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  • Writer's pictureInger and Jeff Latreille


~Saturday, April 16, 2022~

Day 671

We’ve made a decision to go forward with our plans of leaving early tomorrow from Canyonlands to Moab. We thought if we had waited until Tuesday morning to move to the Goose Island Campground we wouldn’t get in at all. So we’ll just eat the $40, hoping to make up the expense somewhere else down the line. Our backup is staying on Forest Service land for one night near the campground if we don’t have success in getting in on Sunday. It’s hard to figure out what people are thinking about the holiday weekend. With the 4 sites available on Easter, will they be leaving early or take things at their leisure with the 12:00 check-out time? No matter, our goal is to leave by 7:30 a.m. to arrive at Goose Island by 9:30 a.m.

Now that we knew this would be our last day in Canyonlands, we had to go out with a bang; so Peekaboo Trail it was. It’s not everyday that the trailhead you need is right outside your door. Seriously, all we had to do was cross the street and let the journey begin. There are about 5 different trails that shoot off from the main trailhead, with the map pretty weak in directions. It looked like our trail veered immediately to the left, but we weren’t really sure until about the 2-mile mark where we came to a junction sign to tell us we were on the right track. Whew! The Peekaboo Trail was recommended to us by one of the rangers at the visitor center and it sounded so interesting with its slick sandstone rock trails and an added bonus of (3) 1,000 year-old pictographs on the canyon walls. Total miles…..10. The Peekaboo Trail explores the western section of The Needles (where we’re camping), with spectacular scenery.

This is the only extended traverse of high elevation terrain in The Needles, as other routes either follow canyons or cross basins. And it’s unlike anything we’d ever done before. Initially the trail meanders through junipers and pinyon pines on sandy turf, with occasional compact dirt. But after about 2 miles, the trail continues onto slick sandstone rock, with the trail markers designated by cairns (stacks of rocks). I’ve mentioned these before, and without them, especially on this route, you’d be lost. With Easter just around the corner, it was our form of an egg hunt, but with cairns. At one point, we came to a

vertical steel ladder (I prefer a more angled one) that connects Squaw Canyon to Lost Canyon. Most of the time, our ankles were put to the test as our feet were rarely flat but angled either upward or downward or side to side. A few sections were pretty dangerous, and very exposed. I say dangerous because without the grippy sandstone beneath your feet, you’d slide right off, assured a visit to Heaven. There is no way hiking poles would assist you up these faces of sandstone. You simply have to rely on your grippy shoes and strong calves to pull you up.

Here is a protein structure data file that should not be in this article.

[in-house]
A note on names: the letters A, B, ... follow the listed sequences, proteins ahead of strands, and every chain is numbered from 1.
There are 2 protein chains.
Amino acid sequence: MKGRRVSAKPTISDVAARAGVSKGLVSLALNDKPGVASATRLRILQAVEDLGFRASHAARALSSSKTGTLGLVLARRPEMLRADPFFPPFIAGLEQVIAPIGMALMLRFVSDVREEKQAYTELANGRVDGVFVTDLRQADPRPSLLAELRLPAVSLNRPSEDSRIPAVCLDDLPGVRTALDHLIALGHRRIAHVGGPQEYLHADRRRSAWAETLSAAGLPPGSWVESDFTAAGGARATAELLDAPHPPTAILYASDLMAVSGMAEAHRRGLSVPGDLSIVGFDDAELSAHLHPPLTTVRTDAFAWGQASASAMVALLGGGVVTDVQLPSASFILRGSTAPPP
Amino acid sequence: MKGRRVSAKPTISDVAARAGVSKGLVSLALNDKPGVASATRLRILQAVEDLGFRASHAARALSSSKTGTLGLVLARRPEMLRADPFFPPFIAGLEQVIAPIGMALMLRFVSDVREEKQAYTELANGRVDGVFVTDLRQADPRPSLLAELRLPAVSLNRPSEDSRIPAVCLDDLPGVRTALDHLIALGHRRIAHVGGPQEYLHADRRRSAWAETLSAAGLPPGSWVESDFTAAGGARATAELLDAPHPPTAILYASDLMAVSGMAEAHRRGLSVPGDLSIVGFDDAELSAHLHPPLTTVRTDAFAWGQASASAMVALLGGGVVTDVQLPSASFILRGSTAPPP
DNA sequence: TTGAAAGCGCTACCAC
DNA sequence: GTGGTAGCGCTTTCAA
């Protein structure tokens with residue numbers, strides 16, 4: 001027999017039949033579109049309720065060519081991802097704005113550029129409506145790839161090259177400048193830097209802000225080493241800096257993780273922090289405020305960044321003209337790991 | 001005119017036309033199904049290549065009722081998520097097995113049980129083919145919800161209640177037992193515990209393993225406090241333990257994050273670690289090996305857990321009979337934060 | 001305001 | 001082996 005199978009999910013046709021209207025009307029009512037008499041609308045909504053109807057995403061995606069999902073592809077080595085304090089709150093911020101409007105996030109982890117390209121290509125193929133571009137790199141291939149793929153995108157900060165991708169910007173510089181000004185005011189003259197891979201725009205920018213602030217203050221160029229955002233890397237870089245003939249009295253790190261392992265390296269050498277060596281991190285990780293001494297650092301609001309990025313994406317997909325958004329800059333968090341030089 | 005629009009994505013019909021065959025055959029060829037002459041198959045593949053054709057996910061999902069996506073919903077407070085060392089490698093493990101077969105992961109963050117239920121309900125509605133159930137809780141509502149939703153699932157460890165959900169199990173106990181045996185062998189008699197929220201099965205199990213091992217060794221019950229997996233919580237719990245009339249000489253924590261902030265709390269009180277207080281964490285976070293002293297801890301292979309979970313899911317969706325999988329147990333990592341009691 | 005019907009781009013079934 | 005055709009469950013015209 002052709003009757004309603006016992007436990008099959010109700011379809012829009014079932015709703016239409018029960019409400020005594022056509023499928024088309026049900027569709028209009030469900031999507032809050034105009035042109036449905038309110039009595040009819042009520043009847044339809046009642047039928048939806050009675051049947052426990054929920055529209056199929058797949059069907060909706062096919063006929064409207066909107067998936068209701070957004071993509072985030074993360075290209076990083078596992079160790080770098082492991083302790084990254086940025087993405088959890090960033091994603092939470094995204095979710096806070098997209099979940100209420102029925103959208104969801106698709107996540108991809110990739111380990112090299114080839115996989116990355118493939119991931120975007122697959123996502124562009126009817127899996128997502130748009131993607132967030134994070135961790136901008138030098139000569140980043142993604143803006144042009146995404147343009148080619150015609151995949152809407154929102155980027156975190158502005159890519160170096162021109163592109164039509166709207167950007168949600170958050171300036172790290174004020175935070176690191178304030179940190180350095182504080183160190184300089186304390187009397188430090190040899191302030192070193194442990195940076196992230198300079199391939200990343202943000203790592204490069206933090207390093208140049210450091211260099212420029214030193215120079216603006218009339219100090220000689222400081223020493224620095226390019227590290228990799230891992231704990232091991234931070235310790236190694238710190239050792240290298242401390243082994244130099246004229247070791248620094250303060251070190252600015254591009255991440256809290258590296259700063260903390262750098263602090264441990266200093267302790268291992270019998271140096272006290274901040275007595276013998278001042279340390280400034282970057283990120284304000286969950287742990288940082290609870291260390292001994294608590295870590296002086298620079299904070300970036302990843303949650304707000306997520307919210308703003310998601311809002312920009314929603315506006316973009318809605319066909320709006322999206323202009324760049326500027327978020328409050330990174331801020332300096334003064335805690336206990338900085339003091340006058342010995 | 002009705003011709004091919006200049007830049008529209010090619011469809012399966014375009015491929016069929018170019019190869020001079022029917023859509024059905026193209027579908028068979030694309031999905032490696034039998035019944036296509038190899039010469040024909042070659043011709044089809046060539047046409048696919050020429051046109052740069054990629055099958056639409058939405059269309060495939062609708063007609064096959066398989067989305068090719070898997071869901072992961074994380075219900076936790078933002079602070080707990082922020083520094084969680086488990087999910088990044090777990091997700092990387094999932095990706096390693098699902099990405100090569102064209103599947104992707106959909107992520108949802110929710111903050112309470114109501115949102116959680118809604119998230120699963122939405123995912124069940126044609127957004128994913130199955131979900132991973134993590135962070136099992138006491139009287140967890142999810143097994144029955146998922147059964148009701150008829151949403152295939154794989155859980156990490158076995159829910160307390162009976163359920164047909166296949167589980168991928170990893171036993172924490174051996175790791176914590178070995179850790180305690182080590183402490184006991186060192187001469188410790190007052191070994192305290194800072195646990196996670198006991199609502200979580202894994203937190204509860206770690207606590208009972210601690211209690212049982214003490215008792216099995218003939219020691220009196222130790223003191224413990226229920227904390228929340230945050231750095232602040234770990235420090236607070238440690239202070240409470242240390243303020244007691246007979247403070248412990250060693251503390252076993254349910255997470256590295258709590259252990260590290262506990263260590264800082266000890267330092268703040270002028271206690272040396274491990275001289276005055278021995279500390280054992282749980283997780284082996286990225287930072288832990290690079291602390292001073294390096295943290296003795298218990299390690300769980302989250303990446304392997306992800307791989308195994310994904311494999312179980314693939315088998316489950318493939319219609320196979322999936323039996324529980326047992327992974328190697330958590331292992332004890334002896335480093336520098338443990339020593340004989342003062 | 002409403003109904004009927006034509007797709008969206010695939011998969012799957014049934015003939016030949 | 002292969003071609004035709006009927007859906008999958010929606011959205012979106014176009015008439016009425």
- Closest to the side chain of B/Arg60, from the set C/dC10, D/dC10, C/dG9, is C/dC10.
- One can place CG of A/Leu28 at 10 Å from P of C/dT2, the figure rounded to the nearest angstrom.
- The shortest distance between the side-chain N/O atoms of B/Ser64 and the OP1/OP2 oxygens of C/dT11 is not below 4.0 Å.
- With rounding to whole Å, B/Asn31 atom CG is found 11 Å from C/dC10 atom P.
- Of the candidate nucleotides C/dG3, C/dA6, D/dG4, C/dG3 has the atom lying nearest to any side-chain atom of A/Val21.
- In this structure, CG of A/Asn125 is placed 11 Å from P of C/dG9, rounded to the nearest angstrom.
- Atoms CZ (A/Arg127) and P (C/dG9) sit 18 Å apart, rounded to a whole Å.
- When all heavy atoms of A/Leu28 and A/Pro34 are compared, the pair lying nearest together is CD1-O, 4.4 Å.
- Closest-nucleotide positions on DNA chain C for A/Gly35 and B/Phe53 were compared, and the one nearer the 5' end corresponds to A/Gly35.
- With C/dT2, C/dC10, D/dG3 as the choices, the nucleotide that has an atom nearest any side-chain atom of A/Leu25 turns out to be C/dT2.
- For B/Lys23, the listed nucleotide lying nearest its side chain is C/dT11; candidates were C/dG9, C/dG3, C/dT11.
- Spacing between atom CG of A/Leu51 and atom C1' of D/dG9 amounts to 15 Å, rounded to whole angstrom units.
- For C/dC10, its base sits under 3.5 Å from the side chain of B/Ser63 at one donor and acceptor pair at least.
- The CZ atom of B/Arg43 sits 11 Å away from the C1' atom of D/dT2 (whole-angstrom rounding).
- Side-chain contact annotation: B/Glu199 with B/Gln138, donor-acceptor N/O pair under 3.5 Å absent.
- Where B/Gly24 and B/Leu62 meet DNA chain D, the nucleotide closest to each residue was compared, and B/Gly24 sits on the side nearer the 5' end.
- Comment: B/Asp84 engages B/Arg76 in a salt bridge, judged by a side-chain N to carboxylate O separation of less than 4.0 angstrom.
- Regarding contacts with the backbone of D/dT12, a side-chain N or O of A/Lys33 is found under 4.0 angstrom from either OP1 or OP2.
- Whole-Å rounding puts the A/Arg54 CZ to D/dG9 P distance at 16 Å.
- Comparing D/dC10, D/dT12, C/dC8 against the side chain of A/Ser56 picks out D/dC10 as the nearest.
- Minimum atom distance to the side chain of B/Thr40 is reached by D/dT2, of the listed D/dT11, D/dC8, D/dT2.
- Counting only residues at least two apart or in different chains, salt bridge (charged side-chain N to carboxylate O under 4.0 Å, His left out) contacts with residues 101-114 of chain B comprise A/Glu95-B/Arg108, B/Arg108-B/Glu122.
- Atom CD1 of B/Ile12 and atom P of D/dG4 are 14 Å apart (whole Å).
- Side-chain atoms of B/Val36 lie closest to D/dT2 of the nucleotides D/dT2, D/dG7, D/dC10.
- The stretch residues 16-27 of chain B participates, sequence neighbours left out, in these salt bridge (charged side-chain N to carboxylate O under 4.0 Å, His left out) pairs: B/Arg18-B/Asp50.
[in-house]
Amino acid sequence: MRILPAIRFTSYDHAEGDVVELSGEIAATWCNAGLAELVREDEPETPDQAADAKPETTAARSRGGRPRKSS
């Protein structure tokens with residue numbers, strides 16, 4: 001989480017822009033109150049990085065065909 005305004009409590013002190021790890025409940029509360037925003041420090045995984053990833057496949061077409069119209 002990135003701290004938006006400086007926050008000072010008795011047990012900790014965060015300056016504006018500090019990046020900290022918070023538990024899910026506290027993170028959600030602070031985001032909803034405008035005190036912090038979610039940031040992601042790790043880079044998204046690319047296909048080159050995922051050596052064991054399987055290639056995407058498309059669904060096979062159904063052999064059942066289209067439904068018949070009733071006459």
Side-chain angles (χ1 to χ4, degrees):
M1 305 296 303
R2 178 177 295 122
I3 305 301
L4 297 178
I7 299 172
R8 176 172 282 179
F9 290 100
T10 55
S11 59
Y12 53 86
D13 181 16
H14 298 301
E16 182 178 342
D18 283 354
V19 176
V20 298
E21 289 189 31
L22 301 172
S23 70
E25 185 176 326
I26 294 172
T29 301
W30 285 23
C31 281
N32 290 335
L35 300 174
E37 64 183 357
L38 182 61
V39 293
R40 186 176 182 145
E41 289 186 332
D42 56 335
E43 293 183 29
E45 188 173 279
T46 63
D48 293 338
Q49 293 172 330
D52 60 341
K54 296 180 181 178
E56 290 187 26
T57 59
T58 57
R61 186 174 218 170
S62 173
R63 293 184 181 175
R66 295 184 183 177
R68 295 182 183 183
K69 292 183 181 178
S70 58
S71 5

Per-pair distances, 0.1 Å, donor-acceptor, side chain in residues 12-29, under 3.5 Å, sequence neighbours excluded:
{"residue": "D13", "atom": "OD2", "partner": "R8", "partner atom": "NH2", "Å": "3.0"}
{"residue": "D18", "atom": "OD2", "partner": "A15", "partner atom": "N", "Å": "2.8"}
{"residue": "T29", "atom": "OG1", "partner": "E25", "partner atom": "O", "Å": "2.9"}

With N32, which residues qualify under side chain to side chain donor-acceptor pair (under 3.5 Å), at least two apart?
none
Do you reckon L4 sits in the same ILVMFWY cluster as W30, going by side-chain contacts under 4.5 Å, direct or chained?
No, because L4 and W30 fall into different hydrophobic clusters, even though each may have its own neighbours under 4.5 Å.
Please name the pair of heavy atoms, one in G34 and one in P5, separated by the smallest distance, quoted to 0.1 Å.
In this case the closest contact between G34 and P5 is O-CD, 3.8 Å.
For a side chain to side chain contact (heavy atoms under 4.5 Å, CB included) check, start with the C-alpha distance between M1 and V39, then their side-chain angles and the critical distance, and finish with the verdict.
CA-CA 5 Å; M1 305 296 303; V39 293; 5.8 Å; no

When we finally arrived to what we thought was near the end, we could see how the trail got its name by several slight openings (windows if you will) in the canyon walls, for people

to peek through; a good stop for lunch. But with it getting late in the day, we still hadn’t come to the 3 pictograph faces the ranger had told us about with the assumption (again not marked well) that we still had Salt Creek to get through to see them. A couple we met, from France, who spoke pretty good English, said according to their GPS there was still about another mile to go to get a glimpse of the ancient drawings. With an extra 2-mile round trip, we made the decision to not continue on if we wanted the assurance that we’d be back before dark. They too, would make this their turnaround point. Darn, and so close!

On the way back, the winds really picked up to the point of losing a hat or two. Luckily we retrieved both. We made excellent time coming back even with the equivalent ascending and descending terrain (usually trails are easier coming back), arriving back an hour earlier than anticipated. Maybe we could have hiked those 2 extra miles after all?

Nice to be back, deserving of an ice-cold one and some foot elevation… least for a few minutes. We had good intentions on making a delicious salmon dinner but opted for leftovers with being so tired and a lot to do. Between Jeff getting a headstart on breaking down camp for our departure tomorrow, and me defrosting the fridge and giving Sadie an overdue bath, it was quite a full evening.

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